PHOTO: Austin Theriault had the race of his young career in the TD Bank 250 at Oxford on Sunday. (Eric LaFleche/ photo)

–by T.J. Ingerson

OXFORD, Me. — Stepping out of a full-time ride in the biggest race of the season would be out of the question for most drivers. Typically, staying with that full-time ride gives a driver the best chance to win. But after solid runs in his family-owned car preceding the 38th annual TD Bank 250 at the Oxford Plains Speedway, Austin Theriault stepped away from his Rick Paya-owned RPM Motorsports machine he drives on the American-Canadian Tour to drive his family-owned car for the TD Bank 250.

And he succeeded.

The Fort Kent, Me., racer started from the 11th position, rode in the top ten for almost the entire race, and secured an impressive third-place finish in his first start in the TD Bank 250.

“We had a good car here [last Saturday] and it was really one of the best cars I’ve ever had here,” said Theriault of his decision to race his family-owned car. “So why not take [the risk]? And it paid off. I can’t thank my guys enough. Top three here is phenomenal. Last year we didn’t even qualify. We learned a lot of lessons, came back, and here we are now.”

Theriault took advantage of a lap 134 caution to put two new right side tires on his car, after taking on two left side tires on a lap 113 caution. Theriault restarted from the 13th position and, again, quietly worked his way back inside the top ten. Theriault broke into the top five on lap 185, then quickly worked his way past fellow ACT competitor John Donahue. He reeled in race leader and eventual winner Kyle Busch, and Jeff Taylor and Nick Sweet as the three battled for the top spot.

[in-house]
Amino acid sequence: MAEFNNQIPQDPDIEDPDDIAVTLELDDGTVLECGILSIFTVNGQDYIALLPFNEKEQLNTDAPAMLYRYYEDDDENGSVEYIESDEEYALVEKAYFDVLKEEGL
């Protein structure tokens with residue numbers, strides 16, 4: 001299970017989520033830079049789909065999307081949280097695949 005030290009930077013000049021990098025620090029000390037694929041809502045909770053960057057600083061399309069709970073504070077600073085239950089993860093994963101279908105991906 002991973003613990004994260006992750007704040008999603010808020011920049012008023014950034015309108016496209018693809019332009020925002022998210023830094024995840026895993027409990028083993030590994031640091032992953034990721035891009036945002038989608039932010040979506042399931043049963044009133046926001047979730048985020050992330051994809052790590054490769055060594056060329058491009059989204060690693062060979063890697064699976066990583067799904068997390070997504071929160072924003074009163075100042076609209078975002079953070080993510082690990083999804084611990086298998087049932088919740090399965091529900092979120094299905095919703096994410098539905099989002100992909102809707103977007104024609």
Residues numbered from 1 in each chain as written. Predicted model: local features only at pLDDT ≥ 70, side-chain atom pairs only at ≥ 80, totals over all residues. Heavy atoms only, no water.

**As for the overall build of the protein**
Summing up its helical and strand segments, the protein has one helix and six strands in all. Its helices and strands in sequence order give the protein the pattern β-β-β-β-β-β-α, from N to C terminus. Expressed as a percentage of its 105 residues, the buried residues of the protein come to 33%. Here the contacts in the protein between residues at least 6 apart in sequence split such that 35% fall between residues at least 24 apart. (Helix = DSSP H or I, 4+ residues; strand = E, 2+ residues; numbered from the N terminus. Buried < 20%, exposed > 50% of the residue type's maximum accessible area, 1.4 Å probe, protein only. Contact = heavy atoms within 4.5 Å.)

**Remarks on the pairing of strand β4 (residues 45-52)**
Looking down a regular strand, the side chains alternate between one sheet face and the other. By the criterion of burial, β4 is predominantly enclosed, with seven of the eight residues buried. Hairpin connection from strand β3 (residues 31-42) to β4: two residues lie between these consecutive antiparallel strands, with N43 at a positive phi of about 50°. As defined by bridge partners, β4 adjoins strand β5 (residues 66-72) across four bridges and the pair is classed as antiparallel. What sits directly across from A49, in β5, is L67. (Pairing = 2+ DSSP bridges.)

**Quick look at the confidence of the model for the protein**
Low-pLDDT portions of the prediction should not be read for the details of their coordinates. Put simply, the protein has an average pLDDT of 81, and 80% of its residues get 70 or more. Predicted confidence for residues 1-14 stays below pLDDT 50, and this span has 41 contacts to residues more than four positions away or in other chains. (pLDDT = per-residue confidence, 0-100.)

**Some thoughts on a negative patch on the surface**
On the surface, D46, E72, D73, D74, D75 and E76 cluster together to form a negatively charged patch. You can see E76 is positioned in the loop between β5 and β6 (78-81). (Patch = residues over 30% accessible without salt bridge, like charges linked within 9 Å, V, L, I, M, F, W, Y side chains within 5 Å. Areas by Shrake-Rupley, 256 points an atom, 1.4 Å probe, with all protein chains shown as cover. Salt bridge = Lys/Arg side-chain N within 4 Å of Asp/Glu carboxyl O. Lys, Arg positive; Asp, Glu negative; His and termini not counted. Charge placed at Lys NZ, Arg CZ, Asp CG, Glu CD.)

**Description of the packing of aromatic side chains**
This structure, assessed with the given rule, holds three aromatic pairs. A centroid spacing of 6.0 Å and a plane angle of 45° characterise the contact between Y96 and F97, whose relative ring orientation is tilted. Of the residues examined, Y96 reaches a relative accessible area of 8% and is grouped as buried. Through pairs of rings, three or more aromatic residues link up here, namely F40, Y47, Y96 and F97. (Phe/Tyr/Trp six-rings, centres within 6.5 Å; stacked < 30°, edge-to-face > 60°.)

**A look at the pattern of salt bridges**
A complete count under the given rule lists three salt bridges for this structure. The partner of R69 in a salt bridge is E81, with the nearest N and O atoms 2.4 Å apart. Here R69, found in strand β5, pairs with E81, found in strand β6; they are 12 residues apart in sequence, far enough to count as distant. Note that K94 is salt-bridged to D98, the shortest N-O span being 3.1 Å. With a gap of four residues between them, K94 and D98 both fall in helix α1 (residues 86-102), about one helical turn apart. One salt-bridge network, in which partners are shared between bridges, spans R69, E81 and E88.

Taylor eventually slipped and faded, allowing Theriault to capitalize, taking third from the veteran racer on lap 228. Theriault reeled in Busch and Sweet as they worked lapped traffic and each other, all while holding off a hard challenge from defending race winner Eddie MacDonald. Theriault credited his spotter for great information on helping hold off MacDonald.

“I had my spotter every second of every lap,” said Theriault. “He told me where he was, like ‘fender, door.’ We raced for five laps, maybe more. He pulled me through the center. But like everyone talked about, if you’re on the high side you can really carry that momentum all the way around the corner. He was probably a little free up off; I found that out when I ran the bottom. But, he ran me clean.”

Without a caution flag with 16 laps to go, Theriault may have been able to challenge Busch and Sweet better.

“On the long runs, the car really came to me. But on the short runs, [the car] really tightened up,” Theriault explained. “We played a different strategy. We came in [on lap 113] and took left [side tires], and were able to hold our own. We came back in and took right [side tires], and we just flew through the field. I think that’s what helped us out at the end.”

Theriault, 17, began his racing career in the four cylinder class at the little known Spud Speedway in Caribou, Me..

“Where’s that?” race winner Kyle Busch asked.


But for the kid who just began his racing career at the little known track a short time ago and competing in only his second full-time season on the American-Canadian Tour, Theriault acts like a seasoned veteran.

“I was confident,” Theriault said on asked if he had any nerves on battling with Eddie MacDonald and reeling in the leaders. “Eddie’s a great driver, but it’s all about track position and where you are on the track. The car was great. You can only be so good as your race car. It was a great night tonight.”